Zero-Party Data in a Cookieless World
Last Updated: August 5, 2022
While the future of third-party data is unclear, one thing that’s for certain is zero-party data is here to stay. Not only is this data higher in quality, but there’s more of it. This allows organizations to take the guesswork out of identifying target audiences while providing trust and transparency to their users.
Zero Party Data & The Differences
There are four different data types organizations collect and utilize to perform and measure their marketing efforts. They do however have one thing in common – the collection and storage of consumers’ personal information for more targeted campaigns – they mainly differ in how that data collection takes place.
Here’s the difference between zero-, first-, second-, and third-party data:
- Zero-Party Data: Zero-Party data is usually considered a subset of first-party data. It is directly provided by consumers, typically addressing communication preferences.
- First-Party Data: Similar to zero-party data, first-party data originates directly from consumers. It might be collected to support a transaction or as a support or service requirement.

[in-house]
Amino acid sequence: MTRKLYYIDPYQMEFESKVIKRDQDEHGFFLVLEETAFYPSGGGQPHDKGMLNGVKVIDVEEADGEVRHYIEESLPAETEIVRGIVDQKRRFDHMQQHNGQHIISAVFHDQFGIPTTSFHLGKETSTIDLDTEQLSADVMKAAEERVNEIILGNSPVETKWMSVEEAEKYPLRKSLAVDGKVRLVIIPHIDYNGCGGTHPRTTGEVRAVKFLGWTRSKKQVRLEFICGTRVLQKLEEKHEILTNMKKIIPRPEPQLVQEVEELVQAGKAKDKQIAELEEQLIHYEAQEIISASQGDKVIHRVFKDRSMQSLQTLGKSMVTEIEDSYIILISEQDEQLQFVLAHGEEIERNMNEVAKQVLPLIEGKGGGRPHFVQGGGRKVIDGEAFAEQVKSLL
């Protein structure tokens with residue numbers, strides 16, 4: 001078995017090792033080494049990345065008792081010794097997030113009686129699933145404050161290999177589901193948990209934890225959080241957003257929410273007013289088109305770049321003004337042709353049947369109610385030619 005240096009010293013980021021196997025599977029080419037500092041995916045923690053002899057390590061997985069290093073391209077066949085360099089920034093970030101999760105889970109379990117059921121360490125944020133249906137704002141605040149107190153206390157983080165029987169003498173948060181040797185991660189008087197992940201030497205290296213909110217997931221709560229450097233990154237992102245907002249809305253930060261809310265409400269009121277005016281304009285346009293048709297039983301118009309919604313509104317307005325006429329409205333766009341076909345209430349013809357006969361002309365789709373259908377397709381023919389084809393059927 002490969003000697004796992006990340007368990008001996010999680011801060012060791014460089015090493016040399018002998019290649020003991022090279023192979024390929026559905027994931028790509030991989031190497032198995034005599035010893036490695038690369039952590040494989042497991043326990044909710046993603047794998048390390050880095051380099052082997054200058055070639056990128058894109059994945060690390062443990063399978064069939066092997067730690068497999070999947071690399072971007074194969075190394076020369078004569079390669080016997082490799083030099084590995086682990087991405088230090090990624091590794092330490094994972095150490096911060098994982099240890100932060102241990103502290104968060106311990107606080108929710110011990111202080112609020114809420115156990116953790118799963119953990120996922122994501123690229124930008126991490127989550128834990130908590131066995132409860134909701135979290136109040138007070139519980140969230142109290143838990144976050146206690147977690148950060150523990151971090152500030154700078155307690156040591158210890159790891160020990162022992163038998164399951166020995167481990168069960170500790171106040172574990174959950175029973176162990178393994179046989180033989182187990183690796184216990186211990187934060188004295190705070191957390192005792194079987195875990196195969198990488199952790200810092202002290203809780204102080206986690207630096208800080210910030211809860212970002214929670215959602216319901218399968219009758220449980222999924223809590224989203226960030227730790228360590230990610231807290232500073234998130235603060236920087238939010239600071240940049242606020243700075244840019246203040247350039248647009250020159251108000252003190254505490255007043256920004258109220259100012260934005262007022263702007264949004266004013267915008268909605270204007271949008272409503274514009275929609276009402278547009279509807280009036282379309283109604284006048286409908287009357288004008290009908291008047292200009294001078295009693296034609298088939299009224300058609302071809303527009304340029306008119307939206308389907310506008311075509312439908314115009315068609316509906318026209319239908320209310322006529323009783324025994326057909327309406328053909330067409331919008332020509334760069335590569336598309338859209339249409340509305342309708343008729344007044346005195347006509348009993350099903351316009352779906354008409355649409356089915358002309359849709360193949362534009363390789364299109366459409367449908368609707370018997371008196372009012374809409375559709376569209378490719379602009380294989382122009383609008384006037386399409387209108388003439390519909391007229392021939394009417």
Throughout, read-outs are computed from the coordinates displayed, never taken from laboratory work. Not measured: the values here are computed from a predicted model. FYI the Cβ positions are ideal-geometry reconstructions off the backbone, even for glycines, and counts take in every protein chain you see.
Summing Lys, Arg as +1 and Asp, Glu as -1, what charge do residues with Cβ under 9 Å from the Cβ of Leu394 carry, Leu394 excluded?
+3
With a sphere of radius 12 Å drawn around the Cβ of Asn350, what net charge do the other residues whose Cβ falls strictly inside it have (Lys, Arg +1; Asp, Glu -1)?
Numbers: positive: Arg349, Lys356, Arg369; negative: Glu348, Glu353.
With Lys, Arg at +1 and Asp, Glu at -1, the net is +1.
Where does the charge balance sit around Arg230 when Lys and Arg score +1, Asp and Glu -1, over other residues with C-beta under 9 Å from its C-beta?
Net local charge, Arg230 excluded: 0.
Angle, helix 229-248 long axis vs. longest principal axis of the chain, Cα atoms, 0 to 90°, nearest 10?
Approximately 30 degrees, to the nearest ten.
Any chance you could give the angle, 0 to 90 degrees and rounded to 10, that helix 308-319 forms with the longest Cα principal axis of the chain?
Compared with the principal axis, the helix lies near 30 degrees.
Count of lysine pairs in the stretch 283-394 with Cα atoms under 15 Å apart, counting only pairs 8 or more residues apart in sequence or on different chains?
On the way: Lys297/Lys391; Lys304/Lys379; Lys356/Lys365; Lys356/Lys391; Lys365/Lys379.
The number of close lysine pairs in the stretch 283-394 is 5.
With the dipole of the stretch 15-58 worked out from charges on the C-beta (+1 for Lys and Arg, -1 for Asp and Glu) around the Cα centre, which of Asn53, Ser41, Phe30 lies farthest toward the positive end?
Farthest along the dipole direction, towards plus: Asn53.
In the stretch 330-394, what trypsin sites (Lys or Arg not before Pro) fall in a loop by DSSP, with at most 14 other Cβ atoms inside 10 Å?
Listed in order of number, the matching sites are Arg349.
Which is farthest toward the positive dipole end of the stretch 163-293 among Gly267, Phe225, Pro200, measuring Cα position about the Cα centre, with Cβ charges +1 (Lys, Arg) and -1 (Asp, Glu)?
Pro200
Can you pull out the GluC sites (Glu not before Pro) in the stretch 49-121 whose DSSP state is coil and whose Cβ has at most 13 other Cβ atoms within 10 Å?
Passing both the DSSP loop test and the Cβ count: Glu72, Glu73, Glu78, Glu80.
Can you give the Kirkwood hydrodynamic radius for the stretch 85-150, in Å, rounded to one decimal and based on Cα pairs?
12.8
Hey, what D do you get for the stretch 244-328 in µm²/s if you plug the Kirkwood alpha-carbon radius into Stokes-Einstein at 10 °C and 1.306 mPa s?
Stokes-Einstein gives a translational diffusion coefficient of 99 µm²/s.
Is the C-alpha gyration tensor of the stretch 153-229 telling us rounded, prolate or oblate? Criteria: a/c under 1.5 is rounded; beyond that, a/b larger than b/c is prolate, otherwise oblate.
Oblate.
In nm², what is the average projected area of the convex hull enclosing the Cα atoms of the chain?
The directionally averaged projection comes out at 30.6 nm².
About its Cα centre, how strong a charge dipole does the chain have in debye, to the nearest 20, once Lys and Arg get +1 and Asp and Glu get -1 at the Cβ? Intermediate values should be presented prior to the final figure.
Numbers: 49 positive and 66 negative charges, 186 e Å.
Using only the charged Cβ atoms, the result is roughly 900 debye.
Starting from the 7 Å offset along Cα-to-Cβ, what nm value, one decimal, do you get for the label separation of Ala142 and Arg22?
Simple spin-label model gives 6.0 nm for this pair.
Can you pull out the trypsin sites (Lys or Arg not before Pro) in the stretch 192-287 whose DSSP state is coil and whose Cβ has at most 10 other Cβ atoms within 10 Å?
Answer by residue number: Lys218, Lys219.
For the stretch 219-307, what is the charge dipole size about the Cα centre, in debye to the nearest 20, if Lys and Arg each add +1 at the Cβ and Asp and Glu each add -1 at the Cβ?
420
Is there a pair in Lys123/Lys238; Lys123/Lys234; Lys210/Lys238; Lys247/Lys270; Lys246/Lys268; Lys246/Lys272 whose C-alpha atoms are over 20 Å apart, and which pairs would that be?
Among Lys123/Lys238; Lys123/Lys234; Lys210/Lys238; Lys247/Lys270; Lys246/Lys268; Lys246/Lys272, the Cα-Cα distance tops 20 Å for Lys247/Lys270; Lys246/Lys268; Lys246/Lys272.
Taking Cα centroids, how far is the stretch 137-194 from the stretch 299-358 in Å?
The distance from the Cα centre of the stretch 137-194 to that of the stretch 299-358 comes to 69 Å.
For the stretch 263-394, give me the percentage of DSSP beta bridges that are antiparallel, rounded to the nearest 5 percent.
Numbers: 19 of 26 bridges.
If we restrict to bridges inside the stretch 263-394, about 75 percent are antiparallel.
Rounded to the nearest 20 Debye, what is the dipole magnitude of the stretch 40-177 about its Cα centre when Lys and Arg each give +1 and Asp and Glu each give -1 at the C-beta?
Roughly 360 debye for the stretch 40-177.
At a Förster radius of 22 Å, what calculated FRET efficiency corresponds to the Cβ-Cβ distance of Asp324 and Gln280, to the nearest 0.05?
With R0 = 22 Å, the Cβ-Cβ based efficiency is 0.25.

- Second-Party Data: Second-Party data usually refers to someone else’s first-party data. Some activities that fall under this category are purchasing data from another organization or sharing data through a partnership.
- Third-Party Data: Third-Party Data is collected from a variety of sources. Categories of data include behavioral data, advertising data, browsing data, etc. Most times, third-party cookie tracking collects this data – causing the future of a cookieless world.
What Does This Mean For Me?
Zero-Party data is the best option for organizations that want to maintain quality marketing efforts such as audience targeting while earning consumer trust through transparency. Capture your audiences’ intentions, interests, motivations, and preferences at scale to allow your brand to create a truly personalized experience for each customer.
Get started today with a free website scan to uncover all hidden cookies and other tracking technologies and categorize them according to data type. Then begin collecting zero-party data by setting up a cookie banner and preference center where consumers can update their preferences and opt into data collection.